There’s nothing a glass of wine, a third coffee, or a square (ahem, block) of chocolate can’t fix when you’re tired, moody and have no energy to deal with, well, life and people.
But while these all taste great at the time, you can basically say sayonara to your healthy diet if you find yourself in the dumps a couple times a week.
However, a new study published in the Journal of Happiness Studies has proven a way to boost your mood that doesn’t cost a single calorie or cent. The research team suggested that rather focusing on ways to make ourselves feel better, we should focus on wishing others well.
“Walking around and offering kindness to others in the world reduces anxiety and increases happiness and feelings of social connection,” said Douglas Gentile, a psychology professor and one of the study’s lead authors. “It’s a simple strategy that doesn’t take a lot of time that you can incorporate into your daily activities.”
To conduct the study, a team of researchers from Iowa State University asked college students to walk around a building for 12 minutes and practice one of the following strategies:
1. Loving-kindness: students were encouraged to genuinely wish good hopes upon people they passed.
2. Interconnectedness: looking at people they see and thinking about how they are connected to each other.
3. Downward social comparison: Comparing themselves to others and thinking about how they may be better off than each of the people they encountered.
All students were surveyed before and after the walk to measure anxiety, happiness, stress, empathy and connectedness.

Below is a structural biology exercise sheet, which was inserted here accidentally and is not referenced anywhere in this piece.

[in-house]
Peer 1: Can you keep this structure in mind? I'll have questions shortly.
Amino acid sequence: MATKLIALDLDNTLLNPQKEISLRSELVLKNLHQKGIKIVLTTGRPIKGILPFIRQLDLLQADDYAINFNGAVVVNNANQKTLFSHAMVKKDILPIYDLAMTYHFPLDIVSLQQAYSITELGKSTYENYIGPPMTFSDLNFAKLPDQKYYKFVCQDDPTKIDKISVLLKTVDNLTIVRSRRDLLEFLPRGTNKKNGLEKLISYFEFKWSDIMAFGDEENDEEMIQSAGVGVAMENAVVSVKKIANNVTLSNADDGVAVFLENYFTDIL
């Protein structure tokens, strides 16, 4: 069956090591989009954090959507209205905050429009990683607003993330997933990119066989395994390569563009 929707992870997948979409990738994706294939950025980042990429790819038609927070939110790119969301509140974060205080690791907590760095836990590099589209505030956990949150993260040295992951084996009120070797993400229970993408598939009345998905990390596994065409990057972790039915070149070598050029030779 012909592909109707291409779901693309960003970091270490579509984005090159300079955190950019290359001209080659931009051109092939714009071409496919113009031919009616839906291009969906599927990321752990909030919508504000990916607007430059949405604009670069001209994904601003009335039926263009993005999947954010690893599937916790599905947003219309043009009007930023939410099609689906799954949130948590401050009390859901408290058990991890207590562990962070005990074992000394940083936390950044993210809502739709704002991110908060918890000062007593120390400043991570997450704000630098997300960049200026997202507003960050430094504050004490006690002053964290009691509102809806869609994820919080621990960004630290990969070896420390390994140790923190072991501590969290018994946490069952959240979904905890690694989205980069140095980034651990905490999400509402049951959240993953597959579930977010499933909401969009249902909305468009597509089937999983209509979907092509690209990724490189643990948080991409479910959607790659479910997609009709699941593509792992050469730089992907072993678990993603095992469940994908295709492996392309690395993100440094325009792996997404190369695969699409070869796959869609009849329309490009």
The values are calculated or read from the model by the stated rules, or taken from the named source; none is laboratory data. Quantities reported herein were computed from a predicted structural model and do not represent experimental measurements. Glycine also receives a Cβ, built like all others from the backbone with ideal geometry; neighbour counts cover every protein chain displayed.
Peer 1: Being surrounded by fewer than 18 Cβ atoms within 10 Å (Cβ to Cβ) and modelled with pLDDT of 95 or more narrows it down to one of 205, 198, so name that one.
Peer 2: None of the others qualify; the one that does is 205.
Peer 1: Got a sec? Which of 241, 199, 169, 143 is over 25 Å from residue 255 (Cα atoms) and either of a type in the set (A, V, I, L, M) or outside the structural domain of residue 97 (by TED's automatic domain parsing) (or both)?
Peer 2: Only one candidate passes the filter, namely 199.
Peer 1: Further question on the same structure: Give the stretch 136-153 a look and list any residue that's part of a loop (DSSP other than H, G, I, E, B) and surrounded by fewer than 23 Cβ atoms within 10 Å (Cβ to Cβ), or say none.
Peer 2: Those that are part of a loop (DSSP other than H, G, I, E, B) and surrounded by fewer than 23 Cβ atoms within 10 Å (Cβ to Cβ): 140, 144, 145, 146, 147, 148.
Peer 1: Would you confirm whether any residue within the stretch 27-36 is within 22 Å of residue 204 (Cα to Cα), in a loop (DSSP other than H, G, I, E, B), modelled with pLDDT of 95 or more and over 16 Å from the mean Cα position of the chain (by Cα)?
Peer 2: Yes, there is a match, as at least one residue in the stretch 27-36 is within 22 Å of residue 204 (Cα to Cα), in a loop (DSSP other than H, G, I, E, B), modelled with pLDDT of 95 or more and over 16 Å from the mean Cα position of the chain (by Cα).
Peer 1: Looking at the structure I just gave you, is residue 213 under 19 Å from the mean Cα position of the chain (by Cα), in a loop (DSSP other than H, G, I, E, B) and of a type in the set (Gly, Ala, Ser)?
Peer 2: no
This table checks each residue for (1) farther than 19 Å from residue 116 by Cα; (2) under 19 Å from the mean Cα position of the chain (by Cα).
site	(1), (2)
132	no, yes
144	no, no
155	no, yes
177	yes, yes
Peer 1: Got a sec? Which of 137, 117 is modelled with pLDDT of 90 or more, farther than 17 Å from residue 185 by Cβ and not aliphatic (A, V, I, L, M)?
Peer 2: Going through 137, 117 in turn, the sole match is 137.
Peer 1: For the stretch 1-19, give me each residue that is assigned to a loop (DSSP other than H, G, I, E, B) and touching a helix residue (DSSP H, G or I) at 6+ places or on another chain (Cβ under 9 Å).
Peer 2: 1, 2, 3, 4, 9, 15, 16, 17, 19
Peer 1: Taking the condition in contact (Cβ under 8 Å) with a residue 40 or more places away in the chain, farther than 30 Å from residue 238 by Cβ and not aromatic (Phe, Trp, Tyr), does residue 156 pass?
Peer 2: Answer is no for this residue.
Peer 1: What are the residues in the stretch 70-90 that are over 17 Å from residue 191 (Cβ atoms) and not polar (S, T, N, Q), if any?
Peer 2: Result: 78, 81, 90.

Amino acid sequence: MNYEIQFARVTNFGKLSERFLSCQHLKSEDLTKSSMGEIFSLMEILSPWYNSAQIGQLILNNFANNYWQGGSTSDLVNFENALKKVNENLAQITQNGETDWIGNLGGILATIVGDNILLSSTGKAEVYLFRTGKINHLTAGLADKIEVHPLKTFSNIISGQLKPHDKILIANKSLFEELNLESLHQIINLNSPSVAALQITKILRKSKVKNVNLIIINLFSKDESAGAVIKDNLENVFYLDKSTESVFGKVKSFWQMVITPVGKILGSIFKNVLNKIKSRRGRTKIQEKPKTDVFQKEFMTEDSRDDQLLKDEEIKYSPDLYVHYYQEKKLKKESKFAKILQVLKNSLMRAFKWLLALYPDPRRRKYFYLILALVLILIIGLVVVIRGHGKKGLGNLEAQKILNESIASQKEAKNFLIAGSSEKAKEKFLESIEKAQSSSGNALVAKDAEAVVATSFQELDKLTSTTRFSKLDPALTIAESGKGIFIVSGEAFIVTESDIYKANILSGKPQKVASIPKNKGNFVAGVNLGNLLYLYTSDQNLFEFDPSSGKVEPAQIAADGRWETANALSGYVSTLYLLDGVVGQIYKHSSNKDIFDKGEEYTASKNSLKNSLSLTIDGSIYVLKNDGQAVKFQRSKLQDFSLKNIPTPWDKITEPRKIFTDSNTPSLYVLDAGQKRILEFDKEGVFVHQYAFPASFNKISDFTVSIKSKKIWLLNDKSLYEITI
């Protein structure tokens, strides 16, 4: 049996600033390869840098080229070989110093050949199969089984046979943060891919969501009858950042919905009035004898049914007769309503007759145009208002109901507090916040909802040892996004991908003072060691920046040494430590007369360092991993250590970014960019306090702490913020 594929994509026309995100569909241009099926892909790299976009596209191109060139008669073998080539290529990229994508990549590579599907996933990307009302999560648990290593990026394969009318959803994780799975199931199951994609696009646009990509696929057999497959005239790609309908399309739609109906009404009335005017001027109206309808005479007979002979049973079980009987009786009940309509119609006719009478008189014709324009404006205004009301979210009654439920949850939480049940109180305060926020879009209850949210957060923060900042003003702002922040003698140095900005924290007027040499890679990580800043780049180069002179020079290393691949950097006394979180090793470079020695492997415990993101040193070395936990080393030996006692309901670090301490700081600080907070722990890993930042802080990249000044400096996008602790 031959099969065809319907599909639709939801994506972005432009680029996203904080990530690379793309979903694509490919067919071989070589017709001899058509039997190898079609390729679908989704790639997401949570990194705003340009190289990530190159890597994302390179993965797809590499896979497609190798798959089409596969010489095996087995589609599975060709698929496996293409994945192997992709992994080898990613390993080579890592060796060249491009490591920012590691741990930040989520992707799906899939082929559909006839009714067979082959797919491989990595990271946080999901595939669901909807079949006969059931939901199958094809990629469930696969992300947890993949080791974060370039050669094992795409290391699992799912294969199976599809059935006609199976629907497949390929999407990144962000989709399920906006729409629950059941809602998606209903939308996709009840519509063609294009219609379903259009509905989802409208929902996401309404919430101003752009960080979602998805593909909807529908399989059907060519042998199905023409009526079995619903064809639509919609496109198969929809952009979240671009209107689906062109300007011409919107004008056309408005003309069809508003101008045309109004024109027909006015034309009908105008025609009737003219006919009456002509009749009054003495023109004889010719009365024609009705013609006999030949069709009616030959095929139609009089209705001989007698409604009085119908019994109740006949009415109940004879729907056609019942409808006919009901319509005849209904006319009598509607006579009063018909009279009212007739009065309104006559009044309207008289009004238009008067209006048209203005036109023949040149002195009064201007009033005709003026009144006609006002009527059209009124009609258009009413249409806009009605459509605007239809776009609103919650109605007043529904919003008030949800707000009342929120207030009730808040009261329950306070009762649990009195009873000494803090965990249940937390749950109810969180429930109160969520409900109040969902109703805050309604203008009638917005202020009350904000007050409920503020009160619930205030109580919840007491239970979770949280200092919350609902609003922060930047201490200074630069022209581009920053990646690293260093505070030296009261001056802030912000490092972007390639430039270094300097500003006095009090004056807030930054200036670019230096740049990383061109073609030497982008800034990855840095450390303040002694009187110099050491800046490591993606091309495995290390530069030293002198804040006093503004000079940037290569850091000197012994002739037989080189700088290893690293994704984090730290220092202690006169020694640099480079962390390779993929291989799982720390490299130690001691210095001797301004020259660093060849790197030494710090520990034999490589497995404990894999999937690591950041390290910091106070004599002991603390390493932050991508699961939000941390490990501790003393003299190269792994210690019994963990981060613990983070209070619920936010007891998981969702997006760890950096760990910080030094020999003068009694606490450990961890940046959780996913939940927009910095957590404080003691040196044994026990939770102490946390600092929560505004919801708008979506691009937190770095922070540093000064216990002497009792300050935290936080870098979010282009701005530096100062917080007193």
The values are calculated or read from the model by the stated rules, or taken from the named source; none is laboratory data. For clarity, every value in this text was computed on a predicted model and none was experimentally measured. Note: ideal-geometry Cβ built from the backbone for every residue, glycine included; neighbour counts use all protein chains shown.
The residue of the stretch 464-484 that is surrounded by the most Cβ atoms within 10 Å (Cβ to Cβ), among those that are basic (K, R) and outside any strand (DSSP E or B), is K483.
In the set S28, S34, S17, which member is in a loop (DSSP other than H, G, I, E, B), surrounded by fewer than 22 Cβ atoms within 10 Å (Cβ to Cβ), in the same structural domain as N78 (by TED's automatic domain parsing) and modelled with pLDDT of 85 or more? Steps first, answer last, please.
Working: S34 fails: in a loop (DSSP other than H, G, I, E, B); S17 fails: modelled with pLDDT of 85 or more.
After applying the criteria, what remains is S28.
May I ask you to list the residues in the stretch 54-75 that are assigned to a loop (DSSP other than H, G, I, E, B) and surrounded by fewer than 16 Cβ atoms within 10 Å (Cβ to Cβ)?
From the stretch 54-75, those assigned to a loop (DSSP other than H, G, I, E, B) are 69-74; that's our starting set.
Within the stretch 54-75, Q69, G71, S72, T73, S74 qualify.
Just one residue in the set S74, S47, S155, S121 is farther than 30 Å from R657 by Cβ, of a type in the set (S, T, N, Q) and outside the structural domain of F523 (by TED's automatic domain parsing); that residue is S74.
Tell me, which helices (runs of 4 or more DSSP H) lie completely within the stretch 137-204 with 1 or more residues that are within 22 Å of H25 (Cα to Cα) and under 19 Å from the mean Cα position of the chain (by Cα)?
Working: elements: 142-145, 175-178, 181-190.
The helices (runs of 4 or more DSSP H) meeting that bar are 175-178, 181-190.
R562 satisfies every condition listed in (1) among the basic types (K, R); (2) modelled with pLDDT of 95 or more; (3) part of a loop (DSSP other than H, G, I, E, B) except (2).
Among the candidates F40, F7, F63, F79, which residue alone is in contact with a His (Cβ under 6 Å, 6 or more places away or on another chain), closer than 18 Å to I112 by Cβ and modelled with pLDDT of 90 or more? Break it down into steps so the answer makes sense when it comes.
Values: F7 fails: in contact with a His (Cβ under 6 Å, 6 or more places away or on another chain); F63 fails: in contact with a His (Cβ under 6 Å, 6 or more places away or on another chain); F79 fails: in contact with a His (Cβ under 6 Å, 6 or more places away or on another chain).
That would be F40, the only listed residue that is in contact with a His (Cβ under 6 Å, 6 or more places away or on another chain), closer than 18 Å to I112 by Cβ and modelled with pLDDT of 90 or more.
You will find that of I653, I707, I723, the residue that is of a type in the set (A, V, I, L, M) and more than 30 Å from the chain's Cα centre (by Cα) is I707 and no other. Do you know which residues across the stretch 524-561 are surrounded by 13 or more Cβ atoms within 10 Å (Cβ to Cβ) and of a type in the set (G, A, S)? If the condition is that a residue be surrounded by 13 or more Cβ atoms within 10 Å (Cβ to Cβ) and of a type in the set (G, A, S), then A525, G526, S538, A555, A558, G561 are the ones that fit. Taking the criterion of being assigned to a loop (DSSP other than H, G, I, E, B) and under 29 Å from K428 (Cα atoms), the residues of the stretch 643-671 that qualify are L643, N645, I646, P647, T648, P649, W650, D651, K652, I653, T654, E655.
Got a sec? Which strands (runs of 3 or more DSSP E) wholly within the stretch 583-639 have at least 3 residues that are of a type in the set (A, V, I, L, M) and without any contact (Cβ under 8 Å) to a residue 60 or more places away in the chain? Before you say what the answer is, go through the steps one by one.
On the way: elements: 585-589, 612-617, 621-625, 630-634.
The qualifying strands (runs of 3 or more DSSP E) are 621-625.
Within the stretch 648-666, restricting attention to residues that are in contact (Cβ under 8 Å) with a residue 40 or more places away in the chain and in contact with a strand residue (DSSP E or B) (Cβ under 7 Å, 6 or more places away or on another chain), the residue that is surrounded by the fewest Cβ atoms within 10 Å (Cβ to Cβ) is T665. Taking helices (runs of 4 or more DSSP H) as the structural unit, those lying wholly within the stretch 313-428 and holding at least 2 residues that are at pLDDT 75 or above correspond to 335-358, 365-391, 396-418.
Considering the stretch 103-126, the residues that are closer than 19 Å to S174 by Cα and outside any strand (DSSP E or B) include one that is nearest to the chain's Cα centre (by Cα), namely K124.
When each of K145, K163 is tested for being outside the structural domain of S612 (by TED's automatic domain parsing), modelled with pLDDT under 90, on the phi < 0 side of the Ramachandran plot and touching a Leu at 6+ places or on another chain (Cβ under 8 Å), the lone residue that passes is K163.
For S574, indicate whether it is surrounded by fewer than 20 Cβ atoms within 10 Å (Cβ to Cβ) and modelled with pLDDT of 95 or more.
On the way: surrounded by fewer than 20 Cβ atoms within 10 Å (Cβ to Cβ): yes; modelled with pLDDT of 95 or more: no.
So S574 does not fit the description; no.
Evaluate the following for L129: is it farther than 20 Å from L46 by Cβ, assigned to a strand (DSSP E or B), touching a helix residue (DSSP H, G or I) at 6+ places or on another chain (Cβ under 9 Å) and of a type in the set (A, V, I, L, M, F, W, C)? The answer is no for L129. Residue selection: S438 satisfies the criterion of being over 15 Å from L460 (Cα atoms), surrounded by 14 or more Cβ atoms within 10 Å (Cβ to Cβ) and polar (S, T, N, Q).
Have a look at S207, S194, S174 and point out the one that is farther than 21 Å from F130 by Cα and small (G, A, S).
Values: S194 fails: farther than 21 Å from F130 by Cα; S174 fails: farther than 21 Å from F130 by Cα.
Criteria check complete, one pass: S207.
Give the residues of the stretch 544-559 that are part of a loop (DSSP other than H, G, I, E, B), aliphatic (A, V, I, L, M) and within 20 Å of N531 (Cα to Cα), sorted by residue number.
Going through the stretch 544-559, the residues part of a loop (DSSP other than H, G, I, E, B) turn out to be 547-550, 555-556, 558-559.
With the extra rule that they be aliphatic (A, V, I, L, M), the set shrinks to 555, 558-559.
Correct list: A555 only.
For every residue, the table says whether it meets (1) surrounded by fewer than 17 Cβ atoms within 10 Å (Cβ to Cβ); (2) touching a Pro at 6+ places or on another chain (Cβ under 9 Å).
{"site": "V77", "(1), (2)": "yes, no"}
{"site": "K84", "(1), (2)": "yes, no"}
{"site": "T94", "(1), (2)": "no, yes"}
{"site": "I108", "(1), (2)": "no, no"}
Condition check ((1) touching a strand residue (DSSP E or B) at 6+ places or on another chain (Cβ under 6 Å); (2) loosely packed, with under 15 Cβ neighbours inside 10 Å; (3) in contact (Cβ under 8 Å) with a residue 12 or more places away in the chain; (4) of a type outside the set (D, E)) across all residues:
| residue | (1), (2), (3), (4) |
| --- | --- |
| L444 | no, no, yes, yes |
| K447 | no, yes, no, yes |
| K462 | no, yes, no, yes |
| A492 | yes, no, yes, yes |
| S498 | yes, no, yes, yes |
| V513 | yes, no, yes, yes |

The study also included a control group in which students were asked to look at people and focus on their physical appearance.
The results found that those who practiced loving-kindness or wished others well felt happier, less anxious, more connected, and caring and empathetic within the 12 minute session. Moreover, the interconnectedness group all reported to be more empathetic and connected.
On the other hand, those who practiced downward social comparison showed no benefit, and instead felt less empathetic, caring and connected. Their mood was also significantly worse than those who practiced the loving-kindness technique. Previous studies have shown downward social comparison to be a buffering effect when feeling bad about ourselves, however this study found the opposite.
“At its core, downward social comparison is a competitive strategy,” explained one of the study’s researchers and senior lecturer in psychology, Dawn Sweet. “That’s not to say it can’t have some benefit, but competitive mindsets have been linked to stress, anxiety and depression.”
The researchers also found the loving-kindness technique worked regardless of an individual’s personality (i.e. naturally mindful compared to narcissistic people).
“This simple practice is valuable regardless of your personality type,” said graduate student in psychology and researcher, Lanmiao He. “Extending loving-kindness to others worked equally well to reduce anxiety, increase happiness, empathy and feelings of social connection.”